Tom Mumford

Following a change of career direction, Tom Mumford (PGCE Pedagogy and Practice 2016) is now a teacher specialising in secondary and A-Level Physics and working in schools in deprived areas.

Alumnus Tom Mumford rowing boat on river

Tom's story

Tom's first career was in TV and film. He was an underwater camera operator for National Geographic, Discovery and the BBC; Head of Production (Asia) for a US film production company and also Project Manager for a TV news studio in London.

Looking for a new challenge in 2016, he retrained with PGCE from Sussex to become a physics teacher. Now, with the aim of inspiring the students he works with, he is preparing to row across the Atlantic in 2024.

What was your first role after graduating and what do you do now?

My first role after graduating from Sussex was as a physics teacher in a secondary school. My PGCE at Sussex was part of a SCITT (School-Centred Initial Teacher Training) programme. During my studies I was working full-time in a secondary school, where I was offered a permanent position.

What attracted you to studying at Sussex?

It was important that my SCITT course included a PGCE from a well-respected university. The campus is fantastic, the location is brilliant, and the general ethos of Sussex really stuck with me. When I found a course with the PGCE element delivered by Sussex, I knew it was the right one for me.

What is your favourite memory from your time at Sussex?

Being based in a secondary school, campus days were a treat. My favourite memory was exploring the campus as a 30-year-old ‘fresher’.

Other favourite moments were in the physics labs. Students and lecturers were happy to chat about what they were studying/teaching/pondering. I plan to head back to Sussex one day to complete further studies in physics.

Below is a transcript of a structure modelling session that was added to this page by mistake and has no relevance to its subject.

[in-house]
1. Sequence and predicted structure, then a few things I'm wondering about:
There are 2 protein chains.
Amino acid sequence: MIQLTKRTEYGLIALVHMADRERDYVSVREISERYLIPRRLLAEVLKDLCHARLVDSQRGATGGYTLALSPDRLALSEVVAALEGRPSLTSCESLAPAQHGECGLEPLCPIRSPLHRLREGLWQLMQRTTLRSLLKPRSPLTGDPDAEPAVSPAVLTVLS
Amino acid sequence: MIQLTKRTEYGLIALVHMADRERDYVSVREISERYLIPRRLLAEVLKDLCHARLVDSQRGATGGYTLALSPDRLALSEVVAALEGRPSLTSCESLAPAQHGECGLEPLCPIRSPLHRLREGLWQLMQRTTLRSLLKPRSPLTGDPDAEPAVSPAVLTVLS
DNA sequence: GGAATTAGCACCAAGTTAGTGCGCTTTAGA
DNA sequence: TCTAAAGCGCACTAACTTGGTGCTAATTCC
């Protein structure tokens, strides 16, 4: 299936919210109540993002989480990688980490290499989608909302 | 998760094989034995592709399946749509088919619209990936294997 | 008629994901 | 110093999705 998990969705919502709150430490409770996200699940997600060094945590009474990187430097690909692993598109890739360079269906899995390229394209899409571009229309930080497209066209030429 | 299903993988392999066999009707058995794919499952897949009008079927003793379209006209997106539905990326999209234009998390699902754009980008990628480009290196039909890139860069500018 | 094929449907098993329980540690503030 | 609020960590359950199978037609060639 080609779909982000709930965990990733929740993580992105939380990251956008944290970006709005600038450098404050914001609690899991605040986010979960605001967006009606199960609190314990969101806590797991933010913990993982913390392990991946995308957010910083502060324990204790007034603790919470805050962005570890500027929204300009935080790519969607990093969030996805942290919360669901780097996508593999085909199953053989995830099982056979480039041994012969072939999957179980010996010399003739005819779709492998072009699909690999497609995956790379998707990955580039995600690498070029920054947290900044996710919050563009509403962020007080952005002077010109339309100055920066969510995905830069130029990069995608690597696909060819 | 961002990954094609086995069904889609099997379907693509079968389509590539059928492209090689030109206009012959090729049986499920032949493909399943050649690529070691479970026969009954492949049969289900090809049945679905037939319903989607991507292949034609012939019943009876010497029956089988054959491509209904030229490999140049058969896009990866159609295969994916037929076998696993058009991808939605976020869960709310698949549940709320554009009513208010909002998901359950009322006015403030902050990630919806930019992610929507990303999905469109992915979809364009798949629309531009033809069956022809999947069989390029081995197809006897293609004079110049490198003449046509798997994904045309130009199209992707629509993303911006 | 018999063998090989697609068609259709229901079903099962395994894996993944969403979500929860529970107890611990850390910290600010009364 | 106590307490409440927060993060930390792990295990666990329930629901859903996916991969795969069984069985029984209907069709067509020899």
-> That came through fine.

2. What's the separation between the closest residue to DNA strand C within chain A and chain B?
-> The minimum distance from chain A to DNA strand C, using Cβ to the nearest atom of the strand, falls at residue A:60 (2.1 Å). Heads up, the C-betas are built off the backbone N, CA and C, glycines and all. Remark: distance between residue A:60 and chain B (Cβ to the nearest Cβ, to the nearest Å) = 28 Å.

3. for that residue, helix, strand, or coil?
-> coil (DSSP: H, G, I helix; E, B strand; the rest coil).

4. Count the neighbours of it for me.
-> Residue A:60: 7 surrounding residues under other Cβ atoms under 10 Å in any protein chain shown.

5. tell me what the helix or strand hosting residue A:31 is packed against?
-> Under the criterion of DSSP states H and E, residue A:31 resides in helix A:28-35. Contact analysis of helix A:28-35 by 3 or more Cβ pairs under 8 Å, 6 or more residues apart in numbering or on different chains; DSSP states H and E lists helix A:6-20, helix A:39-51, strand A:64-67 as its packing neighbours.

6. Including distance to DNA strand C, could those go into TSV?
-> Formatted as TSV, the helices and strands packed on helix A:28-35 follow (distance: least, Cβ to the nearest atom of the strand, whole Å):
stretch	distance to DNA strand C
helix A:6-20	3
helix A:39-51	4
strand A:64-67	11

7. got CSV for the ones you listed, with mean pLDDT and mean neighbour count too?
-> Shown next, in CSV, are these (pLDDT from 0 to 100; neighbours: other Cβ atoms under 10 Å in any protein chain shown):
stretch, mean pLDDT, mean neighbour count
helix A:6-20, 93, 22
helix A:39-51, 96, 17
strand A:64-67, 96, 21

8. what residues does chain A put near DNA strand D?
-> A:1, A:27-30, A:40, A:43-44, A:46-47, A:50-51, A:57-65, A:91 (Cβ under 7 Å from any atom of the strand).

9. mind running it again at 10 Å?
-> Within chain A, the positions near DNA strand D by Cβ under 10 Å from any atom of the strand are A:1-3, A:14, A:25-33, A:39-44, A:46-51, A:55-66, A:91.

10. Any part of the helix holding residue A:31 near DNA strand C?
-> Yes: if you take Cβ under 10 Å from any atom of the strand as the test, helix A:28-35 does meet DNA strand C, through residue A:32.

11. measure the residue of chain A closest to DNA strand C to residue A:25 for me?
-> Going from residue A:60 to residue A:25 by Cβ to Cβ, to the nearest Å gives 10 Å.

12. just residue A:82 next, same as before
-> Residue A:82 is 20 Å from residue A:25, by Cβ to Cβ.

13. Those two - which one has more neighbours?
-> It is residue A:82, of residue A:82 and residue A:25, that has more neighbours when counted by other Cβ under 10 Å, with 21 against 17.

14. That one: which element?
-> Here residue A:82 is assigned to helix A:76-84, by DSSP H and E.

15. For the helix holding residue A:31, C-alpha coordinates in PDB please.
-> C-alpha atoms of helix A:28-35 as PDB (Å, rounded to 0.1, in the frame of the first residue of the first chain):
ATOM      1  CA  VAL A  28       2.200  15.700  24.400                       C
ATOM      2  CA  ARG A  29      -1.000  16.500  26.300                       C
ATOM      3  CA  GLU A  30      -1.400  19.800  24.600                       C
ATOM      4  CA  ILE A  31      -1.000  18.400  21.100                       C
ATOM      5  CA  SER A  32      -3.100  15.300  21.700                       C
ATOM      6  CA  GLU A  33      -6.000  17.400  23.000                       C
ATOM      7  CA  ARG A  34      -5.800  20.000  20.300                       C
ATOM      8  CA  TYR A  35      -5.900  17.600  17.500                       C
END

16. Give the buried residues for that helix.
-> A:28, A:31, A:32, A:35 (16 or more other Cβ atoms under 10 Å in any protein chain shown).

Life’s biggest lesson so far?

Anyone can achieve anything with hard work, dedication and passion. If you go all in, you will learn a huge amount about yourself! Find something you’re passionate about, give it 100% – don’t be afraid to fail.

What is the best thing about your current role?

Working with children is by far the best and most challenging part of my role. I work in a deprived area, where there is very little academic drive. Encouraging them to link the science I’ve taught them to the real world is very rewarding. The kids I teach are amazing, and the more I can do to help them realise that, the better.

How had the pandemic affected you and the children you work with?

It was hard to push engagement in lessons during lockdown. A few children excelled, but most fell behind. Sadly there will be some children getting to GCSE exams in 2022 and 2023 having missed nearly an academic year of content.

Anyone can achieve anything with hard work, dedication and passion. If you go all in, you will learn a huge amount about yourself!"tom mumford 


Where did the idea to row across the Atlantic come from?

I sometimes work with children with low aspirations. Most can’t imagine themselves having a career, going to university, or owning a house. I wanted to prove that with hard work and determination – anything is possible. The challenge had to mirror the barriers facing our children:

  • Mental and physical health: It’s impossible to fully prepare either mentally or physically for this row and I expect to be pushed to my limits in this challenge.
  • Skills/knowledge: I have never rowed before. Like our children at school learning a new subject for the first time, I will have to learn, adapt, practice and train.
  • Money: I have to raise in the region of £150,000 to cover the costs. I will need to find sponsors, work with companies, host events and a range of other activities to raise the money.

What do you think the biggest challenge is going to be?

Raising the funds, signing up sponsors, buying the boat! Getting to the start line in La Gomera will be a huge achievement.

Managing my physical and mental health will be another challenge. I suffered a back injury and managing this at sea will be a whole new experience. During training we’ve seen images of rowers who have injuries from over exposure to salt water, friction, sun damage, etc. Knowing when to push-through and when to self-care will be vital.

What kind of charities are you hoping to raise money for and why are these charities important to you?

I’m partnering with charities that focus on education and the environment. Children can excel if they are given regular, reliable access to high quality education. Protecting the planet and making steps to reverse decades of damage is hugely important.

Once the costs of the challenge are covered, funds will be split evenly between my partner charities. Equipment will be sold after the race, and the money will be donated.

 You can find out more about Tom's row across the Atlantic in 2024 by visiting his webpage. 

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